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Gerard Macdonald

Course: MSc Rural Business Management
Campus: SRUC Aberdeen (formerly Scottish Agricultural College, SAC)
Graduated: 2004

Gerard MacDonald is a man on mission – to make oysters more accessible and enticing to the public, both in the UK and overseas. Based on the Isle of Barra, one of the most southerly inhabited islands in the Outer Hebrides, Gerard became a shareholder/director of Tràigh Mhòr Oysters in 2013, when the company was first established.

It was while studying with SRUC that the idea of starting a business in oyster farming began to brew. From his own work experience on a mussel farm Gerard knew first hand just how much support was needed, so he chose instead to work with oysters which he perceived to be more lucrative.

Just two years in business and Tràigh Mhòr Oysters currently produces 25,000 oysters a year, with aspirations to grow, exporting up to 3 million a year, and expanding his workforce from six to 10 within the next 12 months.

Using a farming method for Pacific oysters which is not commonly seen in Europe, Tràigh Mhòr Oysters has grown in leaps and bounds. Instead of the traditional oyster bags and trestles method Gerard farms his oysters sub-tidally suspended under rafts, where they are held in trays stacked ten high and kept submerged underwater. Because the oysters are constantly under water their growth rate is faster and their taste is stronger and fuller. The pristine unpolluted waters surrounding Barra also enhance the exceptional taste.

However, as Gerard explains, setting up an oyster business in Scotland’s harsh climate has its challenges:

"We grow an oyster that doesn’t breed in our colder waters, it’s originally from Japan, so we have to buy in ‘seed’ (young small oysters). Until recently there were three hatcheries capable of doing this in the UK, but one has been found to be very close to a source of a disease, and can no longer be exported to Scotland. Currently there are only two hatcheries to use, which is a dangerous place to be if you want a reliable source. The other issue is the threat of Oyster herpesvirus, which is a virulent viral disease of the Pacific oyster, which will cause us havoc if it spreads.

“However the key focus for us is to work with the increased local consumption which has definitely increased during this year - the Year of Food and Drink. I am also exploring emerging international markets, including Asia and the Far East, as they will be fundamental to our expansion.”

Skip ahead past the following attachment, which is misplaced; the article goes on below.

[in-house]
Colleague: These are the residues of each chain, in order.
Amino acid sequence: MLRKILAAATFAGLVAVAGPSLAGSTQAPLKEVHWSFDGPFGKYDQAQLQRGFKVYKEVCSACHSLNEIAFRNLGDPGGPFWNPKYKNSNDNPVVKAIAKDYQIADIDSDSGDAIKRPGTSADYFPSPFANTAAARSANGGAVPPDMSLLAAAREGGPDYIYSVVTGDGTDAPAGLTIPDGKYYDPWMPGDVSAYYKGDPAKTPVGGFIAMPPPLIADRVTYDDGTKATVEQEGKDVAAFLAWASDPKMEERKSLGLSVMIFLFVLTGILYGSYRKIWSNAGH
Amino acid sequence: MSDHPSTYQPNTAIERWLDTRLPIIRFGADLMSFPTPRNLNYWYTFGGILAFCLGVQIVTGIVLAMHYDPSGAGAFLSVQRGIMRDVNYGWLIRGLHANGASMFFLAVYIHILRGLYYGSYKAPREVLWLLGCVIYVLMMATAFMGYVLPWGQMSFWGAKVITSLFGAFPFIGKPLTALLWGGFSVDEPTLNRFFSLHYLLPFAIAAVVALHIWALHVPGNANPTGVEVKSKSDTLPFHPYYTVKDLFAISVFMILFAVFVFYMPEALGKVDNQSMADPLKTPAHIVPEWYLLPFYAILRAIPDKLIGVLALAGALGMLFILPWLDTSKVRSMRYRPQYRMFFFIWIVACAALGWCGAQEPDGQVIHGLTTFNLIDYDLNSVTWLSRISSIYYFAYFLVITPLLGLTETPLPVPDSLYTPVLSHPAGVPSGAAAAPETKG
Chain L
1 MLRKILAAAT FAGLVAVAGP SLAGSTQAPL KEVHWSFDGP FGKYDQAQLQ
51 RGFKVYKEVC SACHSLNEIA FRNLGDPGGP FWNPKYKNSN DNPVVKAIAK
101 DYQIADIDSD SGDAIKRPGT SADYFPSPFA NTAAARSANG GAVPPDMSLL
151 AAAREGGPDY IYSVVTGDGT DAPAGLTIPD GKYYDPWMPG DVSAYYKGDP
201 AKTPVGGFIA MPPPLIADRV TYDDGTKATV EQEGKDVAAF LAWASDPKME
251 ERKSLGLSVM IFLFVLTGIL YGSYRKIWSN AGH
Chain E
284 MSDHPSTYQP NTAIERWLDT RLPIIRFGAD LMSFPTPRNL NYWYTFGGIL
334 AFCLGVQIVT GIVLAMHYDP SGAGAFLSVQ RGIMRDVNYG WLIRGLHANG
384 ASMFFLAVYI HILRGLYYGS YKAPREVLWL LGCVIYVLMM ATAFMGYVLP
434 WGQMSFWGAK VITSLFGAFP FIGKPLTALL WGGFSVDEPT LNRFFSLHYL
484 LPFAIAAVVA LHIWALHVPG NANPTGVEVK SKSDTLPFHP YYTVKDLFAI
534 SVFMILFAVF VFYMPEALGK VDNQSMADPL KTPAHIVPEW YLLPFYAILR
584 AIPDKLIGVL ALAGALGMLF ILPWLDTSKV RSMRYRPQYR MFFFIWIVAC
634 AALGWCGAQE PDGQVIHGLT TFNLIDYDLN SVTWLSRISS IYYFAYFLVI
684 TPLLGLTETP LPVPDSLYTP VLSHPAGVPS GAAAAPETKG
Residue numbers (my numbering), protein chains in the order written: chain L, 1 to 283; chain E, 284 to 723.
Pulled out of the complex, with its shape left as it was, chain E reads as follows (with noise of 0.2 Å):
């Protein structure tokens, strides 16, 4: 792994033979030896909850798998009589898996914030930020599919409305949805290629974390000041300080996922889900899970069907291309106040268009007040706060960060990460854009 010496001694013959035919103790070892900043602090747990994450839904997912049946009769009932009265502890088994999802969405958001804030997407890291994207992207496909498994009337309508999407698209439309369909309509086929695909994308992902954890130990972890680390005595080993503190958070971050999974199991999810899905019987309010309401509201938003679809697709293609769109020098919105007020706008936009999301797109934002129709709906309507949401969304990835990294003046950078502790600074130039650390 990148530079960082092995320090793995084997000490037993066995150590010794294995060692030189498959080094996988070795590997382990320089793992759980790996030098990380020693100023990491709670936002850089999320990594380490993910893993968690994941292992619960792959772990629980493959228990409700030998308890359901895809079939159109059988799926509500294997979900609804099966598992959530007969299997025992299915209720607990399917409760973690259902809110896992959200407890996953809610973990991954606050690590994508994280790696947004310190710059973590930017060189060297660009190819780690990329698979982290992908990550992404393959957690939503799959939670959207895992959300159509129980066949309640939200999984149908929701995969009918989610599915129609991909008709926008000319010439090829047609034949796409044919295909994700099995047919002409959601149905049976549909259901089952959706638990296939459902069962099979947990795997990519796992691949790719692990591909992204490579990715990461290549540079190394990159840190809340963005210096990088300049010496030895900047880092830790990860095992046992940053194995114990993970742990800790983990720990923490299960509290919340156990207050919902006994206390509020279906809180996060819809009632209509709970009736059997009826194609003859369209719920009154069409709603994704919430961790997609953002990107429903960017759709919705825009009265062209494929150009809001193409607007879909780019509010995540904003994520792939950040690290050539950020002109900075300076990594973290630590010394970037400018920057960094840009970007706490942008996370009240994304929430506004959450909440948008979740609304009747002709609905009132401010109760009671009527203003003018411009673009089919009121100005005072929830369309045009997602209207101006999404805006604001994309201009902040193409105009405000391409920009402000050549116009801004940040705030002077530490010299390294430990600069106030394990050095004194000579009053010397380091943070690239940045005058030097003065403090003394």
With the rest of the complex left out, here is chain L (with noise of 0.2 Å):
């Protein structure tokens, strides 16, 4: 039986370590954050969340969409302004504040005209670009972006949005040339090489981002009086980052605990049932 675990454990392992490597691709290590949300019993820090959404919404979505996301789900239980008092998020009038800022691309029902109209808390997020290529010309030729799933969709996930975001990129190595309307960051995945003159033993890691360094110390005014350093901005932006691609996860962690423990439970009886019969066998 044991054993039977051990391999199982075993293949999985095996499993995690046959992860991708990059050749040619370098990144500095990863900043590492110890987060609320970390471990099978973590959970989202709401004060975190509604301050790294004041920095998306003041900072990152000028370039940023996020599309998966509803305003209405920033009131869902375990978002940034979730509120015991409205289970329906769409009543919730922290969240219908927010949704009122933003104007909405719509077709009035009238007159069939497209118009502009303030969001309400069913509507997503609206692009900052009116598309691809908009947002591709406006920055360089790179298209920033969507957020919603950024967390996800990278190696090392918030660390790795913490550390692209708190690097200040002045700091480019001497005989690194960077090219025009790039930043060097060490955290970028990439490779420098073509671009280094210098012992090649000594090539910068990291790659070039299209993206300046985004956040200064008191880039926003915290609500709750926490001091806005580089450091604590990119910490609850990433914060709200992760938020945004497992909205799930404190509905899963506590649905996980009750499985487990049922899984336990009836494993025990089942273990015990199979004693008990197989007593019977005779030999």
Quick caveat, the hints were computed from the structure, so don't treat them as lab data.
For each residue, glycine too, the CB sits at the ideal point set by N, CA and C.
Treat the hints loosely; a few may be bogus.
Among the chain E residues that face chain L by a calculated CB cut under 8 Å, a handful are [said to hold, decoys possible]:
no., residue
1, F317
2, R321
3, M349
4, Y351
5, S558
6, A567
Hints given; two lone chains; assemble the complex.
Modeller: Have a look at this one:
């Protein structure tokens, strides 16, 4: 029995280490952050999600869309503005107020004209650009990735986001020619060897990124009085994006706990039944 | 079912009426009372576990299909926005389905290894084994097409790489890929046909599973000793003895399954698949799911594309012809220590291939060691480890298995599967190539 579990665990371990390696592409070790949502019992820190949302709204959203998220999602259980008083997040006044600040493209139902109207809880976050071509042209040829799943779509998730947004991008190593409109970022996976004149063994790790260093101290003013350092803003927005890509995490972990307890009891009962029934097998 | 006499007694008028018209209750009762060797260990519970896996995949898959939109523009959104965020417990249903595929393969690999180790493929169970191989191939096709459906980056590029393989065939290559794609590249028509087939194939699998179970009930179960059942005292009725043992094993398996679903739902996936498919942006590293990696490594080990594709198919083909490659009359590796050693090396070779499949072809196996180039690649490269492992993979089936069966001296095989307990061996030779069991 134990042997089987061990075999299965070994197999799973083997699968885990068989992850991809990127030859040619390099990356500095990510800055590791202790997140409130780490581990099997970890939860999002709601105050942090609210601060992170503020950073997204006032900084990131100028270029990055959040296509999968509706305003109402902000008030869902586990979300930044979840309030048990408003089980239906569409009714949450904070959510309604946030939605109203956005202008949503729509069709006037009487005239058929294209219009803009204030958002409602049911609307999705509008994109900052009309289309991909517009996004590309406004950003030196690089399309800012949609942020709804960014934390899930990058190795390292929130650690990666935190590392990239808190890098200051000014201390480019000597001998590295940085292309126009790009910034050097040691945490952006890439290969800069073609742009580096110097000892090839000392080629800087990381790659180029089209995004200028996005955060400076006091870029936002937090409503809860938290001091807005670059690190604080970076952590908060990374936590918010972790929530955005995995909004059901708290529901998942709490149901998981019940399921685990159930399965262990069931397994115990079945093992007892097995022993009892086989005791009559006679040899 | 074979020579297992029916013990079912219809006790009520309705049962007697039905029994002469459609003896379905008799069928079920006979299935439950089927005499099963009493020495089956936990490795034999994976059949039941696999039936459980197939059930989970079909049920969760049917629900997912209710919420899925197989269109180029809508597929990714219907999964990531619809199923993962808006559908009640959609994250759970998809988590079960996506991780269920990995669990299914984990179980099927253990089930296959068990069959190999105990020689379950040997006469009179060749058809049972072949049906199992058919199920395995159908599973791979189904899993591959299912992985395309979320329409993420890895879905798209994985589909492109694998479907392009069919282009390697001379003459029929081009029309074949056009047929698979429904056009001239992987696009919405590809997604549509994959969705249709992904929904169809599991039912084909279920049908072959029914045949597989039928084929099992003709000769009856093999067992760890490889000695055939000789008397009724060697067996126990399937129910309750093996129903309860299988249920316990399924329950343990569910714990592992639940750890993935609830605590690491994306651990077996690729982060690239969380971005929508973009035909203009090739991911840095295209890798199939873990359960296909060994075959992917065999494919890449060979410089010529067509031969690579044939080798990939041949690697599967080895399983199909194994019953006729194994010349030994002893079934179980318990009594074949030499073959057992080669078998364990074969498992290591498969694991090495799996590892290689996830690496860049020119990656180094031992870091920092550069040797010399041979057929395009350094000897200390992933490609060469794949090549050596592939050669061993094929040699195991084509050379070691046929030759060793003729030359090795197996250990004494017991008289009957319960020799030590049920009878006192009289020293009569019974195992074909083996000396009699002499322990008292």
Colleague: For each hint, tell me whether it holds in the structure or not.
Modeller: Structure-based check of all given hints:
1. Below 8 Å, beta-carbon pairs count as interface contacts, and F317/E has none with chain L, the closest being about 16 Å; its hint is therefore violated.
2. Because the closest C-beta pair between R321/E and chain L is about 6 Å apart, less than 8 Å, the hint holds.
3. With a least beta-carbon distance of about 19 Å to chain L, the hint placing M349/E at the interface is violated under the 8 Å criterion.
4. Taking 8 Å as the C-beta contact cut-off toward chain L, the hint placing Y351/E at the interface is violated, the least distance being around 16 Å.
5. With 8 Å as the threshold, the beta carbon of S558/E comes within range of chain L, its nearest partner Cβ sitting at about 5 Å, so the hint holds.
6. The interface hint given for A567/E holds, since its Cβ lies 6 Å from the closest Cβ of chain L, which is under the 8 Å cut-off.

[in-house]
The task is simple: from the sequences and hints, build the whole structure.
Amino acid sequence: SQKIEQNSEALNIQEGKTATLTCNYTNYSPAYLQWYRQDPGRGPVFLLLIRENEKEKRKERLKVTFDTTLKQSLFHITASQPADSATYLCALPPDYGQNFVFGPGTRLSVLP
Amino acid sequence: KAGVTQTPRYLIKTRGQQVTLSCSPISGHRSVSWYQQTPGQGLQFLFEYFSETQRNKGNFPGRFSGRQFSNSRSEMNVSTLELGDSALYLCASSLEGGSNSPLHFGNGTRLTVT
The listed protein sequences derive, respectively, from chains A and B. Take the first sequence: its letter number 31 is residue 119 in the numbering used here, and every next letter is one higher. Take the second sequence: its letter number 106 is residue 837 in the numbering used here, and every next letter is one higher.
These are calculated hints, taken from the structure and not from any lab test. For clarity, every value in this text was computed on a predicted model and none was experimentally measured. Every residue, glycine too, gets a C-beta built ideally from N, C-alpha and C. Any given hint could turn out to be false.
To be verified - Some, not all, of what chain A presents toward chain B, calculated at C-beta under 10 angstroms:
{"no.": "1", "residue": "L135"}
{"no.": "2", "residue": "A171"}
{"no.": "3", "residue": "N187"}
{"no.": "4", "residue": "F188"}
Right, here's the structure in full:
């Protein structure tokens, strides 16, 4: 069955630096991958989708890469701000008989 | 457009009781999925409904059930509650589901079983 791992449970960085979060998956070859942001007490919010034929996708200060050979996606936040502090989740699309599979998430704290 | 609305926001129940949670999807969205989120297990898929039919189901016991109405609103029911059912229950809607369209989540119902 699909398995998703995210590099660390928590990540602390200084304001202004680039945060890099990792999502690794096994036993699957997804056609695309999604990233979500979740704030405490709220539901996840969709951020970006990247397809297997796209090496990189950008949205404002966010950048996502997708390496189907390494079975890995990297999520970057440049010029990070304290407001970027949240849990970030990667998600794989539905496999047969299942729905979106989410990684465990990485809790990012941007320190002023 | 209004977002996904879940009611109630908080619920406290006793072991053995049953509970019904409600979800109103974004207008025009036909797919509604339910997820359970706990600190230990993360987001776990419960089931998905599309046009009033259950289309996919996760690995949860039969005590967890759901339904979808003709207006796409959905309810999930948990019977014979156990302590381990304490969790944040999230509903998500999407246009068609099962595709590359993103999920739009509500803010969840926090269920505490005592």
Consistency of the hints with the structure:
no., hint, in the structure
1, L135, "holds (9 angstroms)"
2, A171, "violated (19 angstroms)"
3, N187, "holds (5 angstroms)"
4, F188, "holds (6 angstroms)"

Alumni newsletter photosGerard attributes some of his success in the shellfish industry to the Masters in Agricultural Business Management that he completed with SRUC (formerly Scottish Agricultural College, SAC) in 2004, via distance learning on a part-time basis for 2 years.

“At the time I came into the postgraduate MSc course  I was working for Marine Harvest in a managerial role. Marine Harvest actually funded me and my colleague through the masters which we did distance-learning and working full time. It was a hard couple of years juggling studies with full time work but was very worthwhile.

“We studied over two years covering three subjects or modules a year. Each year we spent three days on campus, which was a fair distance to cover from Loch Torridon to Aberdeen! We also took part in  a lot of evening tuition, e-blackboards and phoning in for teleconferences with the course tutor. I was quite relieved when the course was finished, but it was very interesting and it has proved very useful."

Gerard confirmed that being a distance learner was greatly assisted by his main tutor, Ron Sutherland, who he described as an excellent course leader who was well organised to support students studying long distance.

“The areas I found most directly applicable  were understanding accounts, human resources, marketing and economics. I found it helpful to be able to apply my new found knowledge “on the job” so to speak.”

Gerard offered some parting words of wisdom for the next generation of SRUC students and recent graduates considering embarking on their own business:

“Think very carefully, things will always cost more, add an extra 30% to the costs, and be prepared for the unexpected, but most importantly, don’t give up – if it’s easy, most people would do it”

Added: December 2015

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